(PS the "Engrish" misspelling was deliberate)<----- Nice try, doesn't fly! You really think people are that dumb? LMAO
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    Apr 12, 2011 11:46 PM GMT
    riddler78 said
    meninlove said We can deduct our mortgage interest?

    In Canada you say? *sips tea*



    Nope, only in the US - and it's a huge tax benefit - and causal in creating real estate bubbles.


    ____________________________________________________________


    I just love it when the inexperienced Like Riddler comes up with these kind of rediculous statements as above. This is definately a great tax benefit to young struggleing families in their quest to make ends meet and support their families.

    Riddler coupled his assinine idea of doing away with the primary deduction that helps middle America, along with closing loop holes for the wealthy. The very wealthy may not need tax deductions on what few have mortgages on their homes, but middle Americans certainly do.

    And please do provide some proof that deducting mortgage interest "is causal in creating real estate bubbles". what a crock !!!
    Tell us Riddler, since your so full of Ideas and answers to middle Aberican problems, do you own a home? Have you even attempted working on a home for someone you know to help them create "sweat equity", or help them accomplish some home addition or alteration on their own to save money on labor, so they can afford to improve their home? Do you even know what "sweat equity" is ? Do you own a car that you saved for and bought yourself ? Did you work your way through college or did someone pay it all for you ? What have you done with your own hands that took a lot of effort to make your way in the world ? Had you a high level of life experience in making your own way or providing for a family in Middle America, you wouldn't be making that suggestion at all. You may have some book sense but I dare say your greatly lacking in common sense that it takes to make it in Middle America. Be carefull what you suggest because you tell on yourself, and your inexperience.
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    Apr 12, 2011 11:56 PM GMT
    TropicalMark said
    riddler78 said
    TropicalMark said
    riddler78 said

    Really. Let us talk about stupid then. Are my arguments so threatening to your world view that you feel that you need to make up personal attacks on me? Nope they don't. Just highlighting your own 'personal attack' on another poster here. You posted it. Your own medicine tastes nasty doesn't it?

    I'm not "actually living in China". By your own broad definition I am LIVING in Waterloo right now. Engrish comprehension apparently is not restricted to those who do not speak English as their primary language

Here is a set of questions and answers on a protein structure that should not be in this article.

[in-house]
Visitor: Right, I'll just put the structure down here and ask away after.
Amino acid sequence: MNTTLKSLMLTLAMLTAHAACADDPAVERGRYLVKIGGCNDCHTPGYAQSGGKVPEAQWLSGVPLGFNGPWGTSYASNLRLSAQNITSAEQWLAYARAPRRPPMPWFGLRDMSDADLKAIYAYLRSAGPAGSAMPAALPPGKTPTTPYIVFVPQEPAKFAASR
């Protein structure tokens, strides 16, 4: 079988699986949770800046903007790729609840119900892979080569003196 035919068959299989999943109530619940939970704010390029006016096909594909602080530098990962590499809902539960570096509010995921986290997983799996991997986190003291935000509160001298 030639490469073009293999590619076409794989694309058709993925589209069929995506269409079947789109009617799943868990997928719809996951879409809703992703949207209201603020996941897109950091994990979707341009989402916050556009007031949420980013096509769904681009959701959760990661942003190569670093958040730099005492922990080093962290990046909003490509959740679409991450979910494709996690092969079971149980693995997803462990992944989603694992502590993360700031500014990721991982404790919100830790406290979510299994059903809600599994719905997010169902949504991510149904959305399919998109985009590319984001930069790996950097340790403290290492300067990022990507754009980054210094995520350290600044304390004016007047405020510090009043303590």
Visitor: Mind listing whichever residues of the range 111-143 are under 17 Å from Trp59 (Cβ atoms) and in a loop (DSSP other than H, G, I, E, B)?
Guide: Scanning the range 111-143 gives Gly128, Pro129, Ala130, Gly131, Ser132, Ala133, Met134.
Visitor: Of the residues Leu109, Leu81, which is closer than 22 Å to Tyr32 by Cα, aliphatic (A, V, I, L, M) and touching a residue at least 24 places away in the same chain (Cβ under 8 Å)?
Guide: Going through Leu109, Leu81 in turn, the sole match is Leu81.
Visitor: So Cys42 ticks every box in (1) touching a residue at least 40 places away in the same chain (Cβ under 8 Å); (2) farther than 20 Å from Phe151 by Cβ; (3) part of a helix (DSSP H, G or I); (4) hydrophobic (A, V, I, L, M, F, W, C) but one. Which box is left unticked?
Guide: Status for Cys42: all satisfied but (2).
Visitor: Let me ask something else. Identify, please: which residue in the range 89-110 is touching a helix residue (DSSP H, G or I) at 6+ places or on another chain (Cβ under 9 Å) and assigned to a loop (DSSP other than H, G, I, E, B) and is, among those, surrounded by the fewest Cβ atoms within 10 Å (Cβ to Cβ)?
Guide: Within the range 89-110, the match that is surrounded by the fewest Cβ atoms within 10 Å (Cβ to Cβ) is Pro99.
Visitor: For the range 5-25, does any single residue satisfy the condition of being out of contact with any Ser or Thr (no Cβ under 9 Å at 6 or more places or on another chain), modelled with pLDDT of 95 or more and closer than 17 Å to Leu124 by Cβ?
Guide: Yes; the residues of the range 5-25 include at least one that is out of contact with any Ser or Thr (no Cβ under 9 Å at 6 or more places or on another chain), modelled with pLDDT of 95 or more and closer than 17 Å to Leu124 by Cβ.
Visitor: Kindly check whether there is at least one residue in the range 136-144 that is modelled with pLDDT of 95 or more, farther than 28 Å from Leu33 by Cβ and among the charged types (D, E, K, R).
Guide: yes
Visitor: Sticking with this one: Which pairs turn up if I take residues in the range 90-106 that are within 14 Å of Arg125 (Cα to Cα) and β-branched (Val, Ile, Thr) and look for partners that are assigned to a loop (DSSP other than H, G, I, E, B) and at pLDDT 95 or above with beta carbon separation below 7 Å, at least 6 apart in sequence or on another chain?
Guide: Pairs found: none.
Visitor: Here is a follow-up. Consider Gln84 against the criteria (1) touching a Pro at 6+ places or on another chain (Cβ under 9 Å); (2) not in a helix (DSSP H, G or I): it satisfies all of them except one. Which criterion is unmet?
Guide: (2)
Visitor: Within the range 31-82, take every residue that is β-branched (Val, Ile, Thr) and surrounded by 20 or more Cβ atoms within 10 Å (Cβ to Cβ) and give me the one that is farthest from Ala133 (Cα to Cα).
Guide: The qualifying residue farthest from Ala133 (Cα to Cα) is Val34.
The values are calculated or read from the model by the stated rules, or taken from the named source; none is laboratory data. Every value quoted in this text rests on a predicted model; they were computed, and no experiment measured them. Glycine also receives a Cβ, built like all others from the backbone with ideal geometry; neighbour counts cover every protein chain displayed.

Neither is spelling.... icon_wink.gificon_rolleyes.gif


    Lol - seriously? Given your utter lack of contribution to the discussion and what's worse, a complete misread and unintentionally ironic comments, I have to wonder why it is that so many like you and meninlove seemingly have a absurdly poor level of english comprehension. Maybe it's correlated to ideology? Really? "Grow up" (your second post).
    " Puh-lease - as if I would waste any emotional energy on you despite your juvenile math challenged rants." (your fourth post).

    And the post I nailed you on---> “For the record however, I will respond to one comment from TrentGrad who seems to grasp ideas with even greater difficulty than yourself, that I live in Canada, was born in Canada, and am currently in Canada but travel a lot elsewhere. I'm not exactly sure why he would think otherwise but there is no accounting for stupid.”

    Hardly "poor reading comprehension"...

    As for personal attacks - apparently that only applies in your world when someone might possibly be offended by someone you disagree with. And for you, its just the normal postings to anyone as shown by the majority of your posts in this thread alone! Obviously you have no idea what we've been talking about. Obviously you have a denial issue. You probably missed the part where we're talking about the actual content of the posted article and facts that I have no dispute over. And you probably missed the fact that I said nothing about the 'article' but an awful lot of your aggressive, dismissive condescending posts toward another poster in here.and There are two possibilities - these people either didn't read the article or they did and did not have the 5th grade level of comprehension (based on Flesch-Kincaid) required to understand it. Or, we have those who get caught with their pants down blaming everything and everyone else for their behavior.